The Firing Line Forums

Go Back   The Firing Line Forums > The Skunkworks > Handloading, Reloading, and Bullet Casting

Reply
 
Thread Tools
Old December 26, 2005, 10:31 AM   #1
DavidJBlythe
Senior Member
 
Join Date: December 1, 2005
Location: USMC, Centcom
Posts: 214
Question about Reloading Kits

I want to get into reloading for 2006 but I want to some research before getting started.

Does the price you pay for a reloading kit determine overall quality of the rounds you are making?
I know the Lee stuff goes for under $200, but Hornady has a full set for around $400. Its the Lock-N-Load AP
https://www.hornady.com/shop/

I shoot .308 and am very very uptight when it comes to group size. Any ideas for a kit that will provide match grade ammunition right out of the press?
DavidJBlythe is offline  
Old December 26, 2005, 11:03 AM   #2
donkee
Senior Member
 
Join Date: November 7, 2004
Location: Mid-Michigan
Posts: 431
Quote:
Does the price you pay for a reloading kit determine overall quality of the rounds you are making?
The time, care, and quality of components that you use will determine the quality. Any of you can bash LEE for being less expensive all you want, My home rolled rounds disproves that theroy....
donkee is offline  
Old December 26, 2005, 11:25 AM   #3
TimRB
Senior Member
 
Join Date: May 18, 2004
Posts: 1,028
I recently started handloading, and rather than buy a kit, I made a list of everything I would need, got out the Midway catalog, and went to town. In my experience with kits (not necessarily reloading kits) you never really get everything you need, and you often get things you don't need.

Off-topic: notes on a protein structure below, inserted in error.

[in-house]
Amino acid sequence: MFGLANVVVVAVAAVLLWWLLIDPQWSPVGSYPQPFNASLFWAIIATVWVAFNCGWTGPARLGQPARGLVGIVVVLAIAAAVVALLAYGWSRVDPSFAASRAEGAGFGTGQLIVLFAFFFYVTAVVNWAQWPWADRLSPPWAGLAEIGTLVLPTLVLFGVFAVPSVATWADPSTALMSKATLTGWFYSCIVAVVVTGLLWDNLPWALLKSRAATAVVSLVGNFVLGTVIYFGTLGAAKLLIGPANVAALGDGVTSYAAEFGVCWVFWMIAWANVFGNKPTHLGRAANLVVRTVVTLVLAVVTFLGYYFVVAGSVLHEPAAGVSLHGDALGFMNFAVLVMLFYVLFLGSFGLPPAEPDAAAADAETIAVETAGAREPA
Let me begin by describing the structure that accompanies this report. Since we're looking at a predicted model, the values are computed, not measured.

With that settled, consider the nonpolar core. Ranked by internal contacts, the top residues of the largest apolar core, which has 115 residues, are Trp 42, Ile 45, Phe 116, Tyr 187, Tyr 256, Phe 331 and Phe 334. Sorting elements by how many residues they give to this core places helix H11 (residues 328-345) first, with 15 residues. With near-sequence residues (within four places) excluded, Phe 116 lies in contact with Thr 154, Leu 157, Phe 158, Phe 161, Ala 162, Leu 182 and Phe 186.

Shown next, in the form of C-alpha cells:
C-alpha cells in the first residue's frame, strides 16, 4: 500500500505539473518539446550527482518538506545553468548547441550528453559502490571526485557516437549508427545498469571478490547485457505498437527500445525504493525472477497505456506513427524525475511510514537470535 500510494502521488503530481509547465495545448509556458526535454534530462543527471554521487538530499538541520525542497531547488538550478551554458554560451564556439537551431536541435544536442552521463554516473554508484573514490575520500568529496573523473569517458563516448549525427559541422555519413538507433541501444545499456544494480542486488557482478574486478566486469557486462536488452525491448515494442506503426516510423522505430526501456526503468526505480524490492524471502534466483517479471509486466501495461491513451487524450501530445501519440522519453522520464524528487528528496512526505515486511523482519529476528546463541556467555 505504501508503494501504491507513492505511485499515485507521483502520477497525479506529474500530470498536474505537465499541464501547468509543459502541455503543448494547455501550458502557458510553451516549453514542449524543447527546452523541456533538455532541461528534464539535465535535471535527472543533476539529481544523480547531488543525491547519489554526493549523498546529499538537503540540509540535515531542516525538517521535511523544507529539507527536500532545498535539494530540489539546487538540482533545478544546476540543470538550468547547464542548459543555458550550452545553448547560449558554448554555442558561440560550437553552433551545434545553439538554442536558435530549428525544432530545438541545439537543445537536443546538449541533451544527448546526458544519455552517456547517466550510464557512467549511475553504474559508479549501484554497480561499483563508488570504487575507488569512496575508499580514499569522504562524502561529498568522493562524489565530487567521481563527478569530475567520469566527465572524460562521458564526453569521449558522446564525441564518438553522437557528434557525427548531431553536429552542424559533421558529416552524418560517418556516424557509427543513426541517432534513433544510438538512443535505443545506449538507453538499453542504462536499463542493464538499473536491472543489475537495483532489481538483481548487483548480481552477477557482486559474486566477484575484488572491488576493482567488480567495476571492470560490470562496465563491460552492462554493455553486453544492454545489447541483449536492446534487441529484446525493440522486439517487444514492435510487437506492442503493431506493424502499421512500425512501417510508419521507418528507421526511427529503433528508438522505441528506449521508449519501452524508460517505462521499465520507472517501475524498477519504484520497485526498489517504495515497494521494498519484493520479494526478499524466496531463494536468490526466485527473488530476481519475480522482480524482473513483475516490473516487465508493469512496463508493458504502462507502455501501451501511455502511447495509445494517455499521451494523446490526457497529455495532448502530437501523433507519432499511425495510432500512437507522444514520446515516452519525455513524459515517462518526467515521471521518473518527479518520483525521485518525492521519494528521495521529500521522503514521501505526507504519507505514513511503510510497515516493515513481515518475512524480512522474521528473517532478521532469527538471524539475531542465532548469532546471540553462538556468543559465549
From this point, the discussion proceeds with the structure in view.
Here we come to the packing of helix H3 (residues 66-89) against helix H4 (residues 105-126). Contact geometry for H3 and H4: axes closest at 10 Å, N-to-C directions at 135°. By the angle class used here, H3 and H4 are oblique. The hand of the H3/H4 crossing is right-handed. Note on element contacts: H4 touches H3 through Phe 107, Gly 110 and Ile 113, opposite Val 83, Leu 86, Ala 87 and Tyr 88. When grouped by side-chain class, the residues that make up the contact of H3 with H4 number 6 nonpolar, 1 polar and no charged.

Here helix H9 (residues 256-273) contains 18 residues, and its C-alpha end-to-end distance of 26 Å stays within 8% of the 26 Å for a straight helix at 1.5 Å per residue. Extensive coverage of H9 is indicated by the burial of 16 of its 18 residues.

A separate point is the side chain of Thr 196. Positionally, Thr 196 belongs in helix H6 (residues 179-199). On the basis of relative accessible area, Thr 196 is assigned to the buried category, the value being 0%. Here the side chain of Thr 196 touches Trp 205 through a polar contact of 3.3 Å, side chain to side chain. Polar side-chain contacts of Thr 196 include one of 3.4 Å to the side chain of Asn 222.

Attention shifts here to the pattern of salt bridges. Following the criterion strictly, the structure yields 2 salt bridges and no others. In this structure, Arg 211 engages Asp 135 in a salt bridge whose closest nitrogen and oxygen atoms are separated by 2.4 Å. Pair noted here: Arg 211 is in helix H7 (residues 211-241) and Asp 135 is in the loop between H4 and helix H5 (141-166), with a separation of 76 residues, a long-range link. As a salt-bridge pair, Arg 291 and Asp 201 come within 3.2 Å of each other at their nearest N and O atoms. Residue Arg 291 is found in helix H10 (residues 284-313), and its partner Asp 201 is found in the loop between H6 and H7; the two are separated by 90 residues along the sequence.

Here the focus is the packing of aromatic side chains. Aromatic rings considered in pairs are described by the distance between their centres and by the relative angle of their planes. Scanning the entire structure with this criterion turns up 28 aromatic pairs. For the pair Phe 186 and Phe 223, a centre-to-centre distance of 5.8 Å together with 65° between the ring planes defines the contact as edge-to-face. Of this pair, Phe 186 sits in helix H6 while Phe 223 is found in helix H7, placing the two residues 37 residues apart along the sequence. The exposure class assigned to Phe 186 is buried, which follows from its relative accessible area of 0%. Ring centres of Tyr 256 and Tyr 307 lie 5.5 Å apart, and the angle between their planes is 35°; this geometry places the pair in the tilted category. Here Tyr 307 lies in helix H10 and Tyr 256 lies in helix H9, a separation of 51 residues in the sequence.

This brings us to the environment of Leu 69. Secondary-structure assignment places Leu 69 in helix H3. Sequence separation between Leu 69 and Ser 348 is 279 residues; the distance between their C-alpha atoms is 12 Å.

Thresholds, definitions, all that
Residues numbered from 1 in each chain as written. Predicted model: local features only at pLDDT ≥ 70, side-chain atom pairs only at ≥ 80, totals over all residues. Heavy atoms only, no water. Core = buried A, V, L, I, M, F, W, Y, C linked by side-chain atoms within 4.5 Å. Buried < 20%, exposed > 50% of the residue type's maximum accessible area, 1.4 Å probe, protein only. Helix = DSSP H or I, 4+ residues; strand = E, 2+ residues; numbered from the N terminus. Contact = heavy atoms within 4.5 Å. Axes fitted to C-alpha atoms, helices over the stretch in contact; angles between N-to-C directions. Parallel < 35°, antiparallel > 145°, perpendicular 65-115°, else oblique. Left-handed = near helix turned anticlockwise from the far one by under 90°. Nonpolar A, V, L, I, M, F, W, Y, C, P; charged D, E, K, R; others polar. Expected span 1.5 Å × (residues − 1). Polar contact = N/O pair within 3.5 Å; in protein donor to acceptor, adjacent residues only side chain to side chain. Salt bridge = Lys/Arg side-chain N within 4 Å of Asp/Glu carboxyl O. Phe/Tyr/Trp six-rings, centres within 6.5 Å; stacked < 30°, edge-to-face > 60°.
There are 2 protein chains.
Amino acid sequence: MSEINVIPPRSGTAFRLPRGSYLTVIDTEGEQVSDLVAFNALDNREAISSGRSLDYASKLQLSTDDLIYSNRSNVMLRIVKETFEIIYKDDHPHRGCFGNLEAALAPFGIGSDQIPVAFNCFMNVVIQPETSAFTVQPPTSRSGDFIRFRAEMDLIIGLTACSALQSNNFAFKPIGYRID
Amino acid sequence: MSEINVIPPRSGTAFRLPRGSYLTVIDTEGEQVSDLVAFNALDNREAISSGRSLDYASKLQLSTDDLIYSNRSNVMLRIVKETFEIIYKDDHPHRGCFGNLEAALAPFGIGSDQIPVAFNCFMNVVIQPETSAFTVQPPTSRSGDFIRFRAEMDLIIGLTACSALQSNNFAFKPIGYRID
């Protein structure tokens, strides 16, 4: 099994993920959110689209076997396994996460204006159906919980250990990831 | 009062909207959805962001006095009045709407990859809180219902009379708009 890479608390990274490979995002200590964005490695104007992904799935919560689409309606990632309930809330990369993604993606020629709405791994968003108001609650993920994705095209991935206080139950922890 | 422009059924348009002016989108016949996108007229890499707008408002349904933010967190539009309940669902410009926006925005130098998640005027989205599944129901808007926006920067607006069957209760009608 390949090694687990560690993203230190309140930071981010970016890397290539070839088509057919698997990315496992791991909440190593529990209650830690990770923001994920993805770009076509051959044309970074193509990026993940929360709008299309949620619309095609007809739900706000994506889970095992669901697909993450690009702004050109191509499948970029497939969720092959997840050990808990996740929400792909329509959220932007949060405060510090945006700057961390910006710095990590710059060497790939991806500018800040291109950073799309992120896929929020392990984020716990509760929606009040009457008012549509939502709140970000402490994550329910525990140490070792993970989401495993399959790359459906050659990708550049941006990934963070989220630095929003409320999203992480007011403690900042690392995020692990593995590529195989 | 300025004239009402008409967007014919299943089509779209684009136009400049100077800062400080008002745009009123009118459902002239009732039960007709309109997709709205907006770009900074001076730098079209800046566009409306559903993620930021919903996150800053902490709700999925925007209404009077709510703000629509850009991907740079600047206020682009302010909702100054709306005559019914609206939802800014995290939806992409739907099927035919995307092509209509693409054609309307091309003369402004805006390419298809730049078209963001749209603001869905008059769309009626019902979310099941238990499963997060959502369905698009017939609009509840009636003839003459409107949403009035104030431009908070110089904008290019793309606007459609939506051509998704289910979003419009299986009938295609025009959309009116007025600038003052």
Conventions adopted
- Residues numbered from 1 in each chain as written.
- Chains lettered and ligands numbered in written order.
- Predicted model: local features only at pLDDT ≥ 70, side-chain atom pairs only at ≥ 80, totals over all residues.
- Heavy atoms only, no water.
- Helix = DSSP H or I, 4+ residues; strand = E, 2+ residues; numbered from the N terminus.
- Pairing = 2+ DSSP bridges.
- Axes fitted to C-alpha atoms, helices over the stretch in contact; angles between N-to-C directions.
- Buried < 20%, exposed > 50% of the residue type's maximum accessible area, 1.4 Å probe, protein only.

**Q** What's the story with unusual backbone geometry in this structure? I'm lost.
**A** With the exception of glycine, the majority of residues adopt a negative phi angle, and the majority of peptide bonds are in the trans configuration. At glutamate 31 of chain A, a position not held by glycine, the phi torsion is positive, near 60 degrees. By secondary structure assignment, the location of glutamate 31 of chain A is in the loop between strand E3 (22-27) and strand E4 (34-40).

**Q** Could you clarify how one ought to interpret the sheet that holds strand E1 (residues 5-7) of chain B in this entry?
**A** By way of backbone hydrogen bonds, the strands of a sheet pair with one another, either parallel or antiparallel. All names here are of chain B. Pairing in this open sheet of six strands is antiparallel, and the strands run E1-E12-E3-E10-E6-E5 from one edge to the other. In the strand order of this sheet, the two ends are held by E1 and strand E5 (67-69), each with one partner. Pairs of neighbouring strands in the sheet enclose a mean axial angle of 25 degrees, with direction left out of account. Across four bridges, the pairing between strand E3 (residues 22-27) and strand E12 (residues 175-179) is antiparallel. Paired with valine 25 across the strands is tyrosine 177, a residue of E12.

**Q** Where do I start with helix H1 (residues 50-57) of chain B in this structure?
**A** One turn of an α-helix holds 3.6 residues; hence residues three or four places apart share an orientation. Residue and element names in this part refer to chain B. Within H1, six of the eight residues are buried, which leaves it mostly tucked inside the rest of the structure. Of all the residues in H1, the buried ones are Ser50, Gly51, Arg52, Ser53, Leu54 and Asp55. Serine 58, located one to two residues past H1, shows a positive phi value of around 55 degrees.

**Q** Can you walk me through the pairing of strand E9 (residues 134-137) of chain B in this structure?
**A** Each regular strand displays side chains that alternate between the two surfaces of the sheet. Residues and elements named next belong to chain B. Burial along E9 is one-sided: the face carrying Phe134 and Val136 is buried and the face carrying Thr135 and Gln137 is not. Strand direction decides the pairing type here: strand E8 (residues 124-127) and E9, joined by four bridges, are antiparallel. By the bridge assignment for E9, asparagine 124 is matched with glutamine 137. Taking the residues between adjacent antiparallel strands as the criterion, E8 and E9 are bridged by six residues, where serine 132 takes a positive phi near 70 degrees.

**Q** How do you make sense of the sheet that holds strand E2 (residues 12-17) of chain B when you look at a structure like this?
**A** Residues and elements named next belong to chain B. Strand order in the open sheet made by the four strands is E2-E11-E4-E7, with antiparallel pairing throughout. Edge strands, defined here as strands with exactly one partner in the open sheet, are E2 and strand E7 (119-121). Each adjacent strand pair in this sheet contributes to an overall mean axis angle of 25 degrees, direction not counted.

Tim
TimRB is offline  
Old December 26, 2005, 11:53 AM   #4
Jim Watson
Senior Member
 
Join Date: October 25, 2001
Location: Alabama
Posts: 10,848
What kind of .308 do you shoot?
What kind of match do you shoot?
What is your standard of good accuracy?

Kits are convenient to order but they tie you to one make of gear. I generally agree with Tim, and my reloading setup is a conglomeration of many different brands of equipment.

I don't doubt Donkee can turn out good ammunition with Lee equipment but I could not get good results with Lee powder measures or scale. Their Challenger press is ok, their Cast Classic is getting a good reputation, their dies are decent, and many of their special purpose tools are very good.

The Hornady Lock n Load AP is a progressive loader, and notwithstanding what Dillon fans brag about the Palma team loading match rifle ammo on their progressives, I think the average rifle shooter is better off with a single stage. The Hornady Lock n Load Classic from that maker. I don't know about their supporting equipment like powder measure and scale. Their dies now have a good reputation.

Note that neither of the company kits come with loading dies, you have to add those to your purchase. Dies are standardized on 7/8"x14 threads and you can use one brand of die in another brand of press.

FIRST, GET THE BOOK. The NRA Introduction to Handloading and/or The ABCs of Reloading for the basics, then a manual like the Lyman 48th edition.
Jim Watson is online now  
Old December 26, 2005, 06:19 PM   #5
steve4102
Senior Member
 
Join Date: December 23, 2005
Location: Minnesota
Posts: 2,124
I started out with the RCBS Supreme Master Reloading Kit. I am still using it and it works great. I am not a fan of some of the items in the Lee Kit (powder measure). But that doesn't mean it won't give you quality accurate handloads. The quality and accuracy of your handloads will come from you and your efforts, not the reloading kit.